Landlords are a varied bunch: there are the large-scale professionals for whom property is a full-time job; then there’s the buy-to-let crowd looking to make their savings work a little harder. Right at entry-level there are the rent-a-room landlords.
‘Rent a Room’ is really just government-speak for what used to be called ‘getting a lodger in’ – with a few conditions attached. Not only is it one of the easiest and most informal ways to be a landlord, but it’s also tax-free up to a certain amount, and that threshold went up not long ago.
What is the Rent a Room scheme?
If you rent out part of the home you live in to a tenant, then you are what’s called a resident landlord, and you can probably be part of the Rent a Room scheme. This includes live-in B&B or guesthouse owners, but not someone who’s hacked up their house into self-contained flats.
The scheme means that rent of up to £7,500 a year is tax-free.
Rent a Room applies to furnished accommodation in your own home, and for a maximum of two tenants. Any more than that, and you have probably become a house in multiple occupation (HMO), which could mean extra safety and licensing requirements.
If you’re earning under the threshold then there’s nothing you need to do, but if you go over the magic number then you’ll need to fill out a tax return. Couples will be sad to hear that if you own the property jointly then the tax-free allowance for each person is halved.
The lodger’s rights
Depending on whether or not they share living space with you (including kitchen, bathroom or living room), your tenants’ rights could vary. If they’re sharing communal facilities with you then you only need to give reasonable notice for them to leave, which is normally classed as a rent period. So if they pay weekly, then a week’s notice is reasonable. You don’t have to give written notice, and you’re within your rights to change the locks if they haven’t gone by the time they’re supposed to. Hopefully this will not happen.
For a more independent lodger who doesn’t share the above facilities with you, the law affords a bit more protection. For them to move out you’ll need to give written notice, the notice period is usually longer, and if you have to evict them then you’ll need to go to court.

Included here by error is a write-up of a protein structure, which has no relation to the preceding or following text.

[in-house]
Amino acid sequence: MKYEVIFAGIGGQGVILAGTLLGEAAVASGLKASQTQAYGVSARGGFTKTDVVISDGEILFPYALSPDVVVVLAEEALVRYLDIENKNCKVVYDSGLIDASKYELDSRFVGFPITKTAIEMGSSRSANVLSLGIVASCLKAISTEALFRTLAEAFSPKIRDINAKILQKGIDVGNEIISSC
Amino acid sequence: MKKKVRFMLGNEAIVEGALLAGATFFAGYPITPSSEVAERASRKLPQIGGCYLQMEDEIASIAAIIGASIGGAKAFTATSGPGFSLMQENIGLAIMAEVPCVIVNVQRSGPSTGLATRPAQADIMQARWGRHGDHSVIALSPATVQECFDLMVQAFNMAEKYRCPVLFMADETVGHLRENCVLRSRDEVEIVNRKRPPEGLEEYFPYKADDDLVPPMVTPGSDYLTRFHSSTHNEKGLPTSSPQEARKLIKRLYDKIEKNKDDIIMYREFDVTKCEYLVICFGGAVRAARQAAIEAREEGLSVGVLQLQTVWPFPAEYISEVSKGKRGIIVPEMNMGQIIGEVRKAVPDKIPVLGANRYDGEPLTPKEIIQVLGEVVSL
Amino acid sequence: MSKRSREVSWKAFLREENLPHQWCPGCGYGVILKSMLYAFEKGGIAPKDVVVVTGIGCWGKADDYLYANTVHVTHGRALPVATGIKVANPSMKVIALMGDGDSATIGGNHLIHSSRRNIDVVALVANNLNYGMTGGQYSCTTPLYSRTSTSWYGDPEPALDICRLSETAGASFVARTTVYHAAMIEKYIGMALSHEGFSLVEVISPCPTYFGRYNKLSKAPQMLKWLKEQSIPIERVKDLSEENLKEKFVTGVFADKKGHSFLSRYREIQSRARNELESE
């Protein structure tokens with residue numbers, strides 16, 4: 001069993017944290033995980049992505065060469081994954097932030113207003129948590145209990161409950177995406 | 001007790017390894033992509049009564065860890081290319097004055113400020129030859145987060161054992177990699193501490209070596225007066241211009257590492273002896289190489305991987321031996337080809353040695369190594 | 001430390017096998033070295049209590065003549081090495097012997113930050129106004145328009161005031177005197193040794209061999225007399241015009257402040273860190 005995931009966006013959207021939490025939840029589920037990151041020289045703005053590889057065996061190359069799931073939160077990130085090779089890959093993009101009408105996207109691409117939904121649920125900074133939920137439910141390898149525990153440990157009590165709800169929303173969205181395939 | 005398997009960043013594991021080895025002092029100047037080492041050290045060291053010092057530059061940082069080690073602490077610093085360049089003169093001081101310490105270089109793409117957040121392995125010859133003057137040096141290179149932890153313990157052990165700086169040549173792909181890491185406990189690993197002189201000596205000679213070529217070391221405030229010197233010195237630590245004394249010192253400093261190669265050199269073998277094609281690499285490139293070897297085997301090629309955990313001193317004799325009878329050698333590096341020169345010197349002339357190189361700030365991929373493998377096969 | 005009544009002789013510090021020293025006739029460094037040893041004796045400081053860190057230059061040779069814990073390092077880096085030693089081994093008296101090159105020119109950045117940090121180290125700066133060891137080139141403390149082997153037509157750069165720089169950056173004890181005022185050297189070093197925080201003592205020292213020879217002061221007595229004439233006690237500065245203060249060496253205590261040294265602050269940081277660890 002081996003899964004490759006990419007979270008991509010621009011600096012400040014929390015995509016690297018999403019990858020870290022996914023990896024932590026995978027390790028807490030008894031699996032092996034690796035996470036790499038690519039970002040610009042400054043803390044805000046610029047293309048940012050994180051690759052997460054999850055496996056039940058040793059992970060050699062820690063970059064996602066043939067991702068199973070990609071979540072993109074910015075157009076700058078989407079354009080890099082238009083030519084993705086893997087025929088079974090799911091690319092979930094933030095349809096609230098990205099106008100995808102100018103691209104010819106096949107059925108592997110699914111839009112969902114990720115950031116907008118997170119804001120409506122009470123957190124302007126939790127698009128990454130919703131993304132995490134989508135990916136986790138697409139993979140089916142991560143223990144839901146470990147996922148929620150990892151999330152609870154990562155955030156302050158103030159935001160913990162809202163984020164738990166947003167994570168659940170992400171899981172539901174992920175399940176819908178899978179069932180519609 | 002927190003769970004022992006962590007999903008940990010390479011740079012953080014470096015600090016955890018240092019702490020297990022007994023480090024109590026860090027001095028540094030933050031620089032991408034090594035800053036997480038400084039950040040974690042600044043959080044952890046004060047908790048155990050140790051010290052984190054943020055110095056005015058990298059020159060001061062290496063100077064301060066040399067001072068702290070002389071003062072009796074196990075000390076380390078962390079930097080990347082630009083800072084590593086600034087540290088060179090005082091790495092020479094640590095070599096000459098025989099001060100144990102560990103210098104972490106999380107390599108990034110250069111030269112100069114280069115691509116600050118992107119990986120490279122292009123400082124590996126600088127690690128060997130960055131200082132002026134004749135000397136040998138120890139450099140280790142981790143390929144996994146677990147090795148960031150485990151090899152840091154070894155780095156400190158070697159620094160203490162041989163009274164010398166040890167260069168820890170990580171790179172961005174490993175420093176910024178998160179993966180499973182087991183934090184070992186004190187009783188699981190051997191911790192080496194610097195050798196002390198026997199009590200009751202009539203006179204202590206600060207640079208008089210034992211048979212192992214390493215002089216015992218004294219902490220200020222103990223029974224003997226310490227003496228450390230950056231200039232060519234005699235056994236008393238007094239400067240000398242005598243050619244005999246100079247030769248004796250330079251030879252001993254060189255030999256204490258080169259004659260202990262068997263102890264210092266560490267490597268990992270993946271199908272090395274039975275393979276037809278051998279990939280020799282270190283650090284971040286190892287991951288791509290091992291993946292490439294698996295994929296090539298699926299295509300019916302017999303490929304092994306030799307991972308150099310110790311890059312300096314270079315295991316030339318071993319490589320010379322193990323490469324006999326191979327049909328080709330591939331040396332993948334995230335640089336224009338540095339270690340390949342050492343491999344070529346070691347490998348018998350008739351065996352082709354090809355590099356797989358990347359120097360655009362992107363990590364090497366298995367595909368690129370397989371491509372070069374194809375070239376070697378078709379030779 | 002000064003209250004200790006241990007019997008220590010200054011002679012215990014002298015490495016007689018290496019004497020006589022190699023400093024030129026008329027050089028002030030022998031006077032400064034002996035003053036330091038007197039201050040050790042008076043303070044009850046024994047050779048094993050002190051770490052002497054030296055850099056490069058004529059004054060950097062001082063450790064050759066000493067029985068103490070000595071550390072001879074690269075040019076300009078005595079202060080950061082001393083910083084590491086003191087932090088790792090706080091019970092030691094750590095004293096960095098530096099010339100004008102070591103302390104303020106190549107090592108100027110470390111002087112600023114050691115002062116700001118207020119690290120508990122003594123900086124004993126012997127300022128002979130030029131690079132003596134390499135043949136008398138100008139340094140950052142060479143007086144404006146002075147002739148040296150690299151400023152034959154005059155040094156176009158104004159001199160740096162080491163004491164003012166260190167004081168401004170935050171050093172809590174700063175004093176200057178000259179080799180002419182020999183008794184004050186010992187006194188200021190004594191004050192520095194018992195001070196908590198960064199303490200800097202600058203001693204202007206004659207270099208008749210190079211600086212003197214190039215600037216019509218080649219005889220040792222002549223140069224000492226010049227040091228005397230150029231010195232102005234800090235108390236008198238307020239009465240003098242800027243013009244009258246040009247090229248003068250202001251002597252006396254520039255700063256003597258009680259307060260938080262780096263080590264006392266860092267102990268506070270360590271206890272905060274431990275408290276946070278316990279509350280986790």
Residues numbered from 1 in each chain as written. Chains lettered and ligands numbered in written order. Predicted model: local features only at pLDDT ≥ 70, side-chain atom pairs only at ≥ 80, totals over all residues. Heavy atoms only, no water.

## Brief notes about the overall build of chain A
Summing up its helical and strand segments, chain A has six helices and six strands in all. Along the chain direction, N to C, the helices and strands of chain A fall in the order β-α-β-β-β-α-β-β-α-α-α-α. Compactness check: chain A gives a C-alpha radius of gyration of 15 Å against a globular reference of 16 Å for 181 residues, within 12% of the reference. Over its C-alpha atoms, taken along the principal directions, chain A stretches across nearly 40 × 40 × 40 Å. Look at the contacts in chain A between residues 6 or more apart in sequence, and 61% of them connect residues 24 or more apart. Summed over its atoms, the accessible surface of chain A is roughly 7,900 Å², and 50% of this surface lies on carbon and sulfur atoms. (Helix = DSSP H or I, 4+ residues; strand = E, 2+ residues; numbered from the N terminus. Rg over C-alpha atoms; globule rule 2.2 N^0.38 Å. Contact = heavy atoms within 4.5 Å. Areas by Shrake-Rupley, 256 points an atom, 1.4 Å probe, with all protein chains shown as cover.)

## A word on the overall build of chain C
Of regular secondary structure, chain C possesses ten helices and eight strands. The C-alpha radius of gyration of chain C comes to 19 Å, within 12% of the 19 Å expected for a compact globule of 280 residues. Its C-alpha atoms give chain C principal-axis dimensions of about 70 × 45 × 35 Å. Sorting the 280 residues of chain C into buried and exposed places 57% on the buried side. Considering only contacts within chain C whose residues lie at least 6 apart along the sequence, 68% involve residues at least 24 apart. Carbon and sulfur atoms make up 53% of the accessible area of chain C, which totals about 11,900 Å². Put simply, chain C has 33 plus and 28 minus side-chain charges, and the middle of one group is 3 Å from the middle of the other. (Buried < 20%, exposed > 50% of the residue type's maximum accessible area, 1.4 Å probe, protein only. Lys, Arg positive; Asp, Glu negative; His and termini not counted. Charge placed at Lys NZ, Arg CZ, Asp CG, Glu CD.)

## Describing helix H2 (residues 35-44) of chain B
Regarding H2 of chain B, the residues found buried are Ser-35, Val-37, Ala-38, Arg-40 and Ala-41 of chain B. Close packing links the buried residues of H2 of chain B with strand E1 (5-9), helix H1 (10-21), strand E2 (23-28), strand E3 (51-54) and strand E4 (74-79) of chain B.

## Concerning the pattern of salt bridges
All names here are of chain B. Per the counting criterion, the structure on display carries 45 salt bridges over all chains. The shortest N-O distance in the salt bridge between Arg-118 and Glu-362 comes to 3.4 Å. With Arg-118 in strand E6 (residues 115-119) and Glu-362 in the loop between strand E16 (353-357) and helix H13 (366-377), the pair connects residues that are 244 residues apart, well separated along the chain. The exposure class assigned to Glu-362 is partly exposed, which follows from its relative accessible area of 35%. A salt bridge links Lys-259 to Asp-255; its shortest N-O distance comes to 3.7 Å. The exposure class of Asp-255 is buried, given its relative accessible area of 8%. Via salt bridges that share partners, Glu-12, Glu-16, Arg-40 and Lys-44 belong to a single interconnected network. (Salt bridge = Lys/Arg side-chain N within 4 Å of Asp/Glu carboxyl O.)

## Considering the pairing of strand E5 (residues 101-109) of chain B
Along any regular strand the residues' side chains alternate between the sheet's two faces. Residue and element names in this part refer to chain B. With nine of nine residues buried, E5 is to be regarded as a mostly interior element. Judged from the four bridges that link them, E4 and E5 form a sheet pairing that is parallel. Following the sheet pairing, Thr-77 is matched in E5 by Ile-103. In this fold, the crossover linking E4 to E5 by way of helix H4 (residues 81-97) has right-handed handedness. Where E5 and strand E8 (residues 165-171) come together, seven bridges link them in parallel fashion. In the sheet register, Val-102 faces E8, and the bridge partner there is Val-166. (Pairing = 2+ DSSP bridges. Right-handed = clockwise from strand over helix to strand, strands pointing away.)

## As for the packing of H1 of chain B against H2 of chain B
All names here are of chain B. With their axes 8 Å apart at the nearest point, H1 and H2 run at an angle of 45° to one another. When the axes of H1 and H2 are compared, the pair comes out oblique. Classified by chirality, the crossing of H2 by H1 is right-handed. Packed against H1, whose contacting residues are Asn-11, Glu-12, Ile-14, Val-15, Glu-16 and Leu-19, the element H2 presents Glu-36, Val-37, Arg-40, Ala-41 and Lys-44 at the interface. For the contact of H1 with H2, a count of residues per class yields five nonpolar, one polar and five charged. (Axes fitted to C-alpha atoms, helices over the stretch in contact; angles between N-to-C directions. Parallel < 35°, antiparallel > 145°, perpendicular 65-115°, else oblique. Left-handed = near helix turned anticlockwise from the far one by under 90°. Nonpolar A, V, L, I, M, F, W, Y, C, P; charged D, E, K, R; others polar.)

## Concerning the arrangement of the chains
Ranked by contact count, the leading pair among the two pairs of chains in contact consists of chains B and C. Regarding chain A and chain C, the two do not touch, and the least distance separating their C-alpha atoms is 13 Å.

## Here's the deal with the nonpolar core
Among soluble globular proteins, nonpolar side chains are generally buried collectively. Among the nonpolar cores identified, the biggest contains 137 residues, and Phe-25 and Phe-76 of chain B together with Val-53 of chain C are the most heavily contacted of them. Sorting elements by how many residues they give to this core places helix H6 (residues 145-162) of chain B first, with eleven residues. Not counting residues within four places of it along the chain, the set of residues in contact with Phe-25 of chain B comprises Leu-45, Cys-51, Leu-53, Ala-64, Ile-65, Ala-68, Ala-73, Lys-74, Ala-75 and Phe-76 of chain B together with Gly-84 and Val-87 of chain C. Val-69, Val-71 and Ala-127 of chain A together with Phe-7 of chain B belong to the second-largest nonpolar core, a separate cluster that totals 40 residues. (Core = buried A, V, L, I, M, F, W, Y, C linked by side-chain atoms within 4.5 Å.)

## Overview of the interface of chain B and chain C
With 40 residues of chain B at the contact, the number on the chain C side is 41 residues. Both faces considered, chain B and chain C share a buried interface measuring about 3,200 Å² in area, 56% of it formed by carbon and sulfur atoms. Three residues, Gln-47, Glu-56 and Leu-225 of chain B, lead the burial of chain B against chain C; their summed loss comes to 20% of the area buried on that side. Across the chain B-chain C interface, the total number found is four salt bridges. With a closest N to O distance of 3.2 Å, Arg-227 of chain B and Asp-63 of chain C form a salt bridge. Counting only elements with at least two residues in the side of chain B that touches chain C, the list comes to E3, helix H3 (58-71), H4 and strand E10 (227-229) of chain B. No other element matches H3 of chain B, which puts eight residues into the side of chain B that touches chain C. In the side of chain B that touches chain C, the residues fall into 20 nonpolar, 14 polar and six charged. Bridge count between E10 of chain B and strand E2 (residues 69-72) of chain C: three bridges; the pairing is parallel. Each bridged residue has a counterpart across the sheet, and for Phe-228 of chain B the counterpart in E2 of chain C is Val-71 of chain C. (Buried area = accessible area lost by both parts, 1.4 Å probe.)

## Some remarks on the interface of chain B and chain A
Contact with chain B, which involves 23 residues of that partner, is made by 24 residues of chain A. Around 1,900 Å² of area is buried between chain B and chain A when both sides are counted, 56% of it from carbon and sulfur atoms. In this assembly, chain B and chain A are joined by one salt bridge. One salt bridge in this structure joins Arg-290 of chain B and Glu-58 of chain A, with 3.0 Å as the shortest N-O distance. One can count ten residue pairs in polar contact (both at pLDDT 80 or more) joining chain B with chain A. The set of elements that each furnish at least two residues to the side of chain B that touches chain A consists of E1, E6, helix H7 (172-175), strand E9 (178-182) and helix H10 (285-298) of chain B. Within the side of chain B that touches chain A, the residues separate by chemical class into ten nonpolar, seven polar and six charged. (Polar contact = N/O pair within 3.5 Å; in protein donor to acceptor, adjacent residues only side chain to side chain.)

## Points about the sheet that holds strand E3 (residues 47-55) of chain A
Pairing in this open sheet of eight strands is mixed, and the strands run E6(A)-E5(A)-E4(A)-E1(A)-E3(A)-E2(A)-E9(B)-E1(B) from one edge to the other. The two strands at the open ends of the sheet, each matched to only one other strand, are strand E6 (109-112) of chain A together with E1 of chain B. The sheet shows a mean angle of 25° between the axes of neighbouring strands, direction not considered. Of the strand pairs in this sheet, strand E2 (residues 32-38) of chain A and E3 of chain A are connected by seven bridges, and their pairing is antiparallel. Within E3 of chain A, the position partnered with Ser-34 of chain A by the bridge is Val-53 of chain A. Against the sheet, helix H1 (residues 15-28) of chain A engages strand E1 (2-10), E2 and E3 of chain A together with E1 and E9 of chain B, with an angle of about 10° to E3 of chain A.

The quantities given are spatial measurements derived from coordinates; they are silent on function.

There’s no need for deposits, but if you do agree to hold one then there’s no requirement for it to be in an official tenancy deposit scheme. Likewise you can have fixed-term or rolling, informal contracts. It’s all pretty flexible.
Obviously you’ll need to look after all repairs and maintenance, including safety considerations like smoke alarms and gas safety. It’ll also be up to you to handle the council tax (though you can ask your tenant to pay you their share), and it’s worth bearing in mind that having a lodger could affect any single person’s discount you might have.
As for bills, it’ll all depend what arrangement you’ve come to with your lodger, but it’s not unreasonable to ask them to pay their way. What is definitely unreasonable (and, in fact, illegal) is to place a deliberate mark-up on their share of the bill.
Your insurance probably won’t cover your lodger’s belongings, but the provider may still want to know if you’re renting out a room.
Being sensible about it
Rules for live-in landlords are fairly relaxed, but that doesn’t mean you shouldn’t be a bit careful. It sounds obvious, but a lodger lives in your own home, so if the relationship breaks down then things are going to be much more awkward than they would be with a standard tenant.
Loose arrangements are a recipe for misunderstandings, and having clear expectations from the outset will hopefully save you a lot of trouble in the long-run. Even if your lodger is a friend, it’s worth doing things by the book. Contracts, agreements, deposits and direct debits for rent payments are all good ideas.